Kosta Boda's Crackle vase turns imperfections into a desired characteristic. Designed by Åsa Jungnelius, the glass vase's surface looks as if it has been broken and shattered: indeed, the Crackle vase is made using the ancient technique where the hot glass is dipped in ice-cold water. The end result is cracks and fractures in the surface of the glass – hence the name of the collection, Crackle. The varying cracks give each vase its own, totally unique look, unlike any other.
Crackle vase, 175 mm, pink
Product details (7)
- Mouth-blown crystalglass
- 22 cm
- 22 cm
- 17.5 cm
- 2 kg
- Care instructions
- Handwash, dry with soft cloth.
Åsa Jungnelius (b. 1975) is a Swedish glass artist who studied at the Konstfack College of Arts, Crafts and Design, Sweden. Åsa Jungnelius’ art covers issues such as aesthetic hierarchies, fashion, shopping, decadence and construction of gender. She is fascinated by the way the value of an object is created and what it conveys about us and our world.
Åsa Jungnelius’ career has started at the Orrefors School of Glass and continued at Kosta Boda, one of the world’s leading glass brands. For Kosta Boda she designed beautiful and luxurious collections such as Jackie, Make Up and the Diva bowls. Jackie is Åsa Jungnelius’ first collection designed for Kosta Boda. Jackie collection combines artistry with an appealing sense of decadence and is characterized by generous forms and bold brushstrokes of pure gold. Jackie collection includes, together with pieces such as bowls and vases, a set of robust glasses whose top edge is artistically painted in gold – which appears to be running down over the glass. Make Up collection shows the designer’s fascination with how people try to create an identity for themselves by shopping. Make Up collection includes, among the other pieces, supersized, coloured nail varnish bottles, proud symbols of our unrestrained consumption, and a luscious crimson lipstick. For Kosta Boda Åsa Jungnelius created also Diva collection, a series of utility objects – bowls in two different sizes – that imitate noble materials such as marble, granite and amethyst. The shape comes from the 17th century diamond cutting.View all products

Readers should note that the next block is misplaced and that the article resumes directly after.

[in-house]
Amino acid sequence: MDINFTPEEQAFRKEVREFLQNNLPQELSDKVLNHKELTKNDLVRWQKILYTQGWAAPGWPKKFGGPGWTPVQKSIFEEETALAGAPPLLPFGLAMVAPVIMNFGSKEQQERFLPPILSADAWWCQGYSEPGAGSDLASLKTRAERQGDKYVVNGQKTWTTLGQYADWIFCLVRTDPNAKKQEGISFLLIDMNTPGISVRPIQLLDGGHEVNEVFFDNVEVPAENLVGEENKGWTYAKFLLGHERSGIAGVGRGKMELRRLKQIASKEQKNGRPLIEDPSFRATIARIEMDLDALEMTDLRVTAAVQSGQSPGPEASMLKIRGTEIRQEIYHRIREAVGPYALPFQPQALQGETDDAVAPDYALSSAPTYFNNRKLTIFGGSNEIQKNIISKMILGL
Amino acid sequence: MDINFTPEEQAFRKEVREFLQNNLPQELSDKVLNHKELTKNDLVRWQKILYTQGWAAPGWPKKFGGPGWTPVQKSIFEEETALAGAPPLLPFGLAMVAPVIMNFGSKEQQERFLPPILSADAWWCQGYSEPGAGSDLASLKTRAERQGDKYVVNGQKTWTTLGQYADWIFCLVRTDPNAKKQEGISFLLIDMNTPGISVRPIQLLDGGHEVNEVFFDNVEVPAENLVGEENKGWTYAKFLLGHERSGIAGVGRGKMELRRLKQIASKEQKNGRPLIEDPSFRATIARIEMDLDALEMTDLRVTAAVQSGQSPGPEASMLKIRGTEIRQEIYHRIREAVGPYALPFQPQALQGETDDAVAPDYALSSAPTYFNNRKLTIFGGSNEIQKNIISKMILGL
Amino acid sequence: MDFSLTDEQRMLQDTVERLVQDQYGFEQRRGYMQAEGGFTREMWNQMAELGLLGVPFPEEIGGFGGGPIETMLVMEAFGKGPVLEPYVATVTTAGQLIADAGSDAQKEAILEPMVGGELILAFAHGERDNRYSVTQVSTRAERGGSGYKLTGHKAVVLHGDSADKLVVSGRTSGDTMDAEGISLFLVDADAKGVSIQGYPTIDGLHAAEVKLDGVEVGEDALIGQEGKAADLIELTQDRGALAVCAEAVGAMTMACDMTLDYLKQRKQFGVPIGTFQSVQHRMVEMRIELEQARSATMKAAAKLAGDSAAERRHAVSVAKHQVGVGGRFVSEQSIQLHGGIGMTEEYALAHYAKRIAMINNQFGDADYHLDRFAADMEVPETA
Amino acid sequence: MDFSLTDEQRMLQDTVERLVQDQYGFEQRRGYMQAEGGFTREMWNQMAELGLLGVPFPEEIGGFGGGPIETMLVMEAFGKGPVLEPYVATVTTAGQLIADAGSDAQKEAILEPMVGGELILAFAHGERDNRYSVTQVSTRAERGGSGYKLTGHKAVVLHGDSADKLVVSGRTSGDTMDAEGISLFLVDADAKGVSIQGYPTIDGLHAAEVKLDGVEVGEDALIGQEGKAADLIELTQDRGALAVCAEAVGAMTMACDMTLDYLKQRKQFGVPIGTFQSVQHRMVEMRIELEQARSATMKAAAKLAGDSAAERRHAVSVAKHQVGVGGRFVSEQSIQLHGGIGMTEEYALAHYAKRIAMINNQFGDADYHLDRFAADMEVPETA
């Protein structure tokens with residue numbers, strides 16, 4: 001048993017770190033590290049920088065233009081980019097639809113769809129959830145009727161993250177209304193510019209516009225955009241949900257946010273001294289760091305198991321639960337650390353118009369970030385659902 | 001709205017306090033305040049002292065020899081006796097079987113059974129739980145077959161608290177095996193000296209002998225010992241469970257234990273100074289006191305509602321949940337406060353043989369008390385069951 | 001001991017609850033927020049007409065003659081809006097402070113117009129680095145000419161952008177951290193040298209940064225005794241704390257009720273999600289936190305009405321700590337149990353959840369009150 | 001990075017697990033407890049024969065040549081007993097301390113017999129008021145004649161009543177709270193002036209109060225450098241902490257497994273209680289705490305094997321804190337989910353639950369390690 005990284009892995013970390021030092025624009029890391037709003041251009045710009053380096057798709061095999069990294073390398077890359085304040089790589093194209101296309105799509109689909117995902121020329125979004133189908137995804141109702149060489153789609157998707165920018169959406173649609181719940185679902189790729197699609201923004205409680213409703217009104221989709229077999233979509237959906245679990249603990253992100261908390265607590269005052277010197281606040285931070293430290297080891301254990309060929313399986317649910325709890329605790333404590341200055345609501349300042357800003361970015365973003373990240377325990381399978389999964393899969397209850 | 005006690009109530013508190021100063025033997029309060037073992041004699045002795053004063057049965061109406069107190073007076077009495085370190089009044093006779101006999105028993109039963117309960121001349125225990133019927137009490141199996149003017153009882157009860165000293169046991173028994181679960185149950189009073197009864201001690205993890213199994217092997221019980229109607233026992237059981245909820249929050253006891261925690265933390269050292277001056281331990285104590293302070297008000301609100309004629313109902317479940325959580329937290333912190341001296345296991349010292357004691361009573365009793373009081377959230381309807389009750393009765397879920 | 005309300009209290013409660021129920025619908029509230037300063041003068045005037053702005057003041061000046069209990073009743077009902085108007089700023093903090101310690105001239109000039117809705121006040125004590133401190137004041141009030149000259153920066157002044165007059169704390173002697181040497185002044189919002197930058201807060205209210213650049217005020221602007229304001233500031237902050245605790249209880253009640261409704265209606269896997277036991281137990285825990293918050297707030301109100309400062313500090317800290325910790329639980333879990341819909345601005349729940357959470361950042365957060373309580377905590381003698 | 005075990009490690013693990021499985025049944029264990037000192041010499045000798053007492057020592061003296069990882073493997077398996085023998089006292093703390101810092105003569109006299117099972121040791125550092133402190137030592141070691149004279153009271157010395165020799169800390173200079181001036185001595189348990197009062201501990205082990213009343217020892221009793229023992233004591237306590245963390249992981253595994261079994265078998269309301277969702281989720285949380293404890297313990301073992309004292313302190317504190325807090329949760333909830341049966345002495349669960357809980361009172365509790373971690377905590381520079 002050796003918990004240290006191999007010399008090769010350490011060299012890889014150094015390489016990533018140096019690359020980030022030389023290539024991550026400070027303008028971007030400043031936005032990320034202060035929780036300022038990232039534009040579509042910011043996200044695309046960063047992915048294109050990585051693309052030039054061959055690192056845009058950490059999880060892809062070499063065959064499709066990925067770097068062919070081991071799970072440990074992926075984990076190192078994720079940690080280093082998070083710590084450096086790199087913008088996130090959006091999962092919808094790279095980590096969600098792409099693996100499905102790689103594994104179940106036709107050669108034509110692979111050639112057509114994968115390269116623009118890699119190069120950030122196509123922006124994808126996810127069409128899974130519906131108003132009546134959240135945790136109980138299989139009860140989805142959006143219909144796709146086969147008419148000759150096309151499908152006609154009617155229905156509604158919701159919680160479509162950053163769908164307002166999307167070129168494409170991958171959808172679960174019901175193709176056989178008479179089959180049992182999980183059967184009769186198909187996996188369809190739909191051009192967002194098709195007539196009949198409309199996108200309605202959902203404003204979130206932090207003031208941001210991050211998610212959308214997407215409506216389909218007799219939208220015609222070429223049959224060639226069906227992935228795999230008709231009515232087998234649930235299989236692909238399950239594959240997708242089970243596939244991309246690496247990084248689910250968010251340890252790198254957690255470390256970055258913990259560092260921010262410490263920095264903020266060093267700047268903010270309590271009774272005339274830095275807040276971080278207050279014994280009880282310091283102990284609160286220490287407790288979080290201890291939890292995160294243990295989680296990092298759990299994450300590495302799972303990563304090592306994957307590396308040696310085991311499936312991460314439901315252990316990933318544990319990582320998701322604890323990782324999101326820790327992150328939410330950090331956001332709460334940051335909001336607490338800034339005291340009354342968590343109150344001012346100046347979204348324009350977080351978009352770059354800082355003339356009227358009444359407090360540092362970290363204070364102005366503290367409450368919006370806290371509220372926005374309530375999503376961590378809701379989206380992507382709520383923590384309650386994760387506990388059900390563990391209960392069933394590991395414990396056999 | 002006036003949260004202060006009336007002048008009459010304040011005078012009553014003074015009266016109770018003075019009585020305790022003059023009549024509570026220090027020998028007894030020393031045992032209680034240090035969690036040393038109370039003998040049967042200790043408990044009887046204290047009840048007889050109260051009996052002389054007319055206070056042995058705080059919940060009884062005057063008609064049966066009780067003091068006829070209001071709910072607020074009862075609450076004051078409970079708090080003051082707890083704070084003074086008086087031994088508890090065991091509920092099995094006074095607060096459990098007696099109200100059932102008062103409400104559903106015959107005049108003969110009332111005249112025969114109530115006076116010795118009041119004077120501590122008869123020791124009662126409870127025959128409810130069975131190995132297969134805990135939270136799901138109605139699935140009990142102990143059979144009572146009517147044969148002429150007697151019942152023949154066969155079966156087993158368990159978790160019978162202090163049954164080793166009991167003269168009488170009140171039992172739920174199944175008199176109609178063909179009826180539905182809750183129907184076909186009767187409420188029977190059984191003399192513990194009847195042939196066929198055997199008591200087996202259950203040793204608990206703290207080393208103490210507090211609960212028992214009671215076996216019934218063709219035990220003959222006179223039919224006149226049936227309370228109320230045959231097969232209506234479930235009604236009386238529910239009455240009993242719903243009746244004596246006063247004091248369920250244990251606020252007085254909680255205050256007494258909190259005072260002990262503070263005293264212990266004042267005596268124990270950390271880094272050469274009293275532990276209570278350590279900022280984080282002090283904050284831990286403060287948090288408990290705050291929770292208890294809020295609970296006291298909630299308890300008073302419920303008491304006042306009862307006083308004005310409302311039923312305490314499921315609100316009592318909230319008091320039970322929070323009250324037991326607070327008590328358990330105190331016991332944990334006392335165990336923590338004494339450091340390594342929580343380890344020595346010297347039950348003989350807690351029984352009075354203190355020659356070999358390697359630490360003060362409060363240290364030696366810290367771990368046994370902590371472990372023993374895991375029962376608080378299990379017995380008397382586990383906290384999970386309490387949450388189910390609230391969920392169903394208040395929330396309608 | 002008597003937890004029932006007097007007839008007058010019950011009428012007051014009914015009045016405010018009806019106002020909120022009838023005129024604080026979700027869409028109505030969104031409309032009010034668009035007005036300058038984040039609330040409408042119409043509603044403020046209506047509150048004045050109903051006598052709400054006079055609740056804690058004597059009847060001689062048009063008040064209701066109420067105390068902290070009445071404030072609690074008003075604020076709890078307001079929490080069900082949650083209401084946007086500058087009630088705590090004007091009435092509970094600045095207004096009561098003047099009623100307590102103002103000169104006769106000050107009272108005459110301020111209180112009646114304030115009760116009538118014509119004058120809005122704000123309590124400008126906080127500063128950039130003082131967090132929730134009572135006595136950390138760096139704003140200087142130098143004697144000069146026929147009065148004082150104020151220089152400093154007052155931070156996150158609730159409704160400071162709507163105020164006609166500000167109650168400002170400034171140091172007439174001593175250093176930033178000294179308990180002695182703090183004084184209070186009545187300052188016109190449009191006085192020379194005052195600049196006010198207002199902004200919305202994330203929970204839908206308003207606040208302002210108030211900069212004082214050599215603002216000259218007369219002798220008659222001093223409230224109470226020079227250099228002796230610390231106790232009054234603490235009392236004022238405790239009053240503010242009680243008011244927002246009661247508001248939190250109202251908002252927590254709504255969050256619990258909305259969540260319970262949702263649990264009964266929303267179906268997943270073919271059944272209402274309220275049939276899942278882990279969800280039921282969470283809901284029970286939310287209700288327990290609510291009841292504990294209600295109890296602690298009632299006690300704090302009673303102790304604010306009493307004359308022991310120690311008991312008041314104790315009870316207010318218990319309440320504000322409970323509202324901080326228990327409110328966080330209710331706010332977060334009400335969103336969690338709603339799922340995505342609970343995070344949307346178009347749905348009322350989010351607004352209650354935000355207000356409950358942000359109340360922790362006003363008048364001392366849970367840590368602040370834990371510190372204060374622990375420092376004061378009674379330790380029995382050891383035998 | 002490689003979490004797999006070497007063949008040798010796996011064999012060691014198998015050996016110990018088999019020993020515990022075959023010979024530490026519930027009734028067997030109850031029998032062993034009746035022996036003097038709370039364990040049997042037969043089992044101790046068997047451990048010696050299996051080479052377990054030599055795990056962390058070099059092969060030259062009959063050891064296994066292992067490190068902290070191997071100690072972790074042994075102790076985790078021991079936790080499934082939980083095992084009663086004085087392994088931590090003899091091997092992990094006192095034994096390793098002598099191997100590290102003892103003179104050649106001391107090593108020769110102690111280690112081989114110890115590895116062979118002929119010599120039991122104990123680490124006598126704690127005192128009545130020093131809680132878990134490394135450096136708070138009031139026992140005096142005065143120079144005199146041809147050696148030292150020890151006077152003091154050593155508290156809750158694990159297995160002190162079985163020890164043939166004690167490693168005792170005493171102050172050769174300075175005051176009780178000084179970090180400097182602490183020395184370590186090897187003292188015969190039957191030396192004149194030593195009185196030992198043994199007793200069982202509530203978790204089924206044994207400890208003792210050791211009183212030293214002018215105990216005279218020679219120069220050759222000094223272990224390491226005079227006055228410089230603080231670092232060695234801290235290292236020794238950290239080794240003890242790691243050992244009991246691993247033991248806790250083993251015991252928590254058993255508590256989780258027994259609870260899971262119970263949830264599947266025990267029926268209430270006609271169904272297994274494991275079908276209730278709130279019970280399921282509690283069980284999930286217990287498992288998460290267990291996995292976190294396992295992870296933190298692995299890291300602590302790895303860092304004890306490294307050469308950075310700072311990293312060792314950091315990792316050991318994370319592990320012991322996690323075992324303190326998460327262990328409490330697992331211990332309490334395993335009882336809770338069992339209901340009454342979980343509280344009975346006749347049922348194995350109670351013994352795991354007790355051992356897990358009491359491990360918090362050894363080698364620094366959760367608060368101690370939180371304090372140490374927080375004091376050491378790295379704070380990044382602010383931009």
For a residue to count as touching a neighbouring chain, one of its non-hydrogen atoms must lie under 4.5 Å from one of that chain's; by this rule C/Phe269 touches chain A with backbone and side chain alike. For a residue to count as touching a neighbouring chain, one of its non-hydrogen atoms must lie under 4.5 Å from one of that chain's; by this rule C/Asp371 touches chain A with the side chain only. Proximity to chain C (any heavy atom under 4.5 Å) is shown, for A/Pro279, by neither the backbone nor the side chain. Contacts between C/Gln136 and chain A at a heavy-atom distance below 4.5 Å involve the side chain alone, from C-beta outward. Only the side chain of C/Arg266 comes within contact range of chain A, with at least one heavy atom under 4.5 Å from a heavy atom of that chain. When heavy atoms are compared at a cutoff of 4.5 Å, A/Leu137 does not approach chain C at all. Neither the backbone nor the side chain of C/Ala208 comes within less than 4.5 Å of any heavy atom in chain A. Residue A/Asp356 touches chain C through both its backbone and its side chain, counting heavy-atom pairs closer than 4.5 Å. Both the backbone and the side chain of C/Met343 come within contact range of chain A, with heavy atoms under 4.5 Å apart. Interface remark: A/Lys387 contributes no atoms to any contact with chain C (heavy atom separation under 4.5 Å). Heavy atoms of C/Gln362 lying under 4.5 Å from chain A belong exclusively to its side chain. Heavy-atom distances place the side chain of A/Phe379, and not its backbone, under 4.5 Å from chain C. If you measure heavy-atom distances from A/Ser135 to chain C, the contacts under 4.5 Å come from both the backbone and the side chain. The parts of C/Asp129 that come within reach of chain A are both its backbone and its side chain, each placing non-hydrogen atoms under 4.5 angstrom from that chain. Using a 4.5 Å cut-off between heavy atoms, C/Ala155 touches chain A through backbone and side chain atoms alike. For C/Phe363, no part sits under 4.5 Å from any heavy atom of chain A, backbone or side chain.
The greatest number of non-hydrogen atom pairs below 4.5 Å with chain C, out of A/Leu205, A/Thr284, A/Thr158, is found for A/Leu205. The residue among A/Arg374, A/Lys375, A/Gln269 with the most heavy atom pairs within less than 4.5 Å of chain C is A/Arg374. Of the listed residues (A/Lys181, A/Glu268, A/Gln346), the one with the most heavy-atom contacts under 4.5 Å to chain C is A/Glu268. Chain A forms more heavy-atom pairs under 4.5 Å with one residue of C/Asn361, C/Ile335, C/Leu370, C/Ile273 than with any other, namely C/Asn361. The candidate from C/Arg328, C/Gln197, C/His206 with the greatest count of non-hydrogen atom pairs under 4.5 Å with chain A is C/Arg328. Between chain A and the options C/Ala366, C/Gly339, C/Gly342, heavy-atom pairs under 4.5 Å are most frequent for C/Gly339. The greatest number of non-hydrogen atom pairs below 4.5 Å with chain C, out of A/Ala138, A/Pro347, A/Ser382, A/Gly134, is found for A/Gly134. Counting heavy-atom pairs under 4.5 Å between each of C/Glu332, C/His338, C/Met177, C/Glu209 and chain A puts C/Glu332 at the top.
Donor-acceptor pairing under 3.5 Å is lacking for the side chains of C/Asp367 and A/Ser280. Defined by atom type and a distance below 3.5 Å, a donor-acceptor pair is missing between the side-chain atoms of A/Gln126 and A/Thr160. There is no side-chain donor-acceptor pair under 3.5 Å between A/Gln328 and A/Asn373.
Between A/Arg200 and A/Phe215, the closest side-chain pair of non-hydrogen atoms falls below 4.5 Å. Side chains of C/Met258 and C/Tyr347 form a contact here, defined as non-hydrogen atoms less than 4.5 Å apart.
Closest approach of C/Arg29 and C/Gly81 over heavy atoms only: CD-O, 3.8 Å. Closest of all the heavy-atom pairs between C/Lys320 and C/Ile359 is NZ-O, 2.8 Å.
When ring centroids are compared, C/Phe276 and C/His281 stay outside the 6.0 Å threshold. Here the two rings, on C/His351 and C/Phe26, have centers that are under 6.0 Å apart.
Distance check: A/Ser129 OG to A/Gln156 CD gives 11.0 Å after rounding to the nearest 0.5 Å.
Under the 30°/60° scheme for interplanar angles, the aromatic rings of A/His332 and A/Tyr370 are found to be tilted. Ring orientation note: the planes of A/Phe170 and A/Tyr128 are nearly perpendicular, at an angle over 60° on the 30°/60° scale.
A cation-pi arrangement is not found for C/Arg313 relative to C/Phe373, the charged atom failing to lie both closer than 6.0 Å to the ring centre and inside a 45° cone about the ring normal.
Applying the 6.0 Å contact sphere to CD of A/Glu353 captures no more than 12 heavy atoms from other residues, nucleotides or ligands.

This product does not yet have a sustainability rating.
Chat to us online
Please enable functional cookies to use this feature. You can change your cookie settings at any time.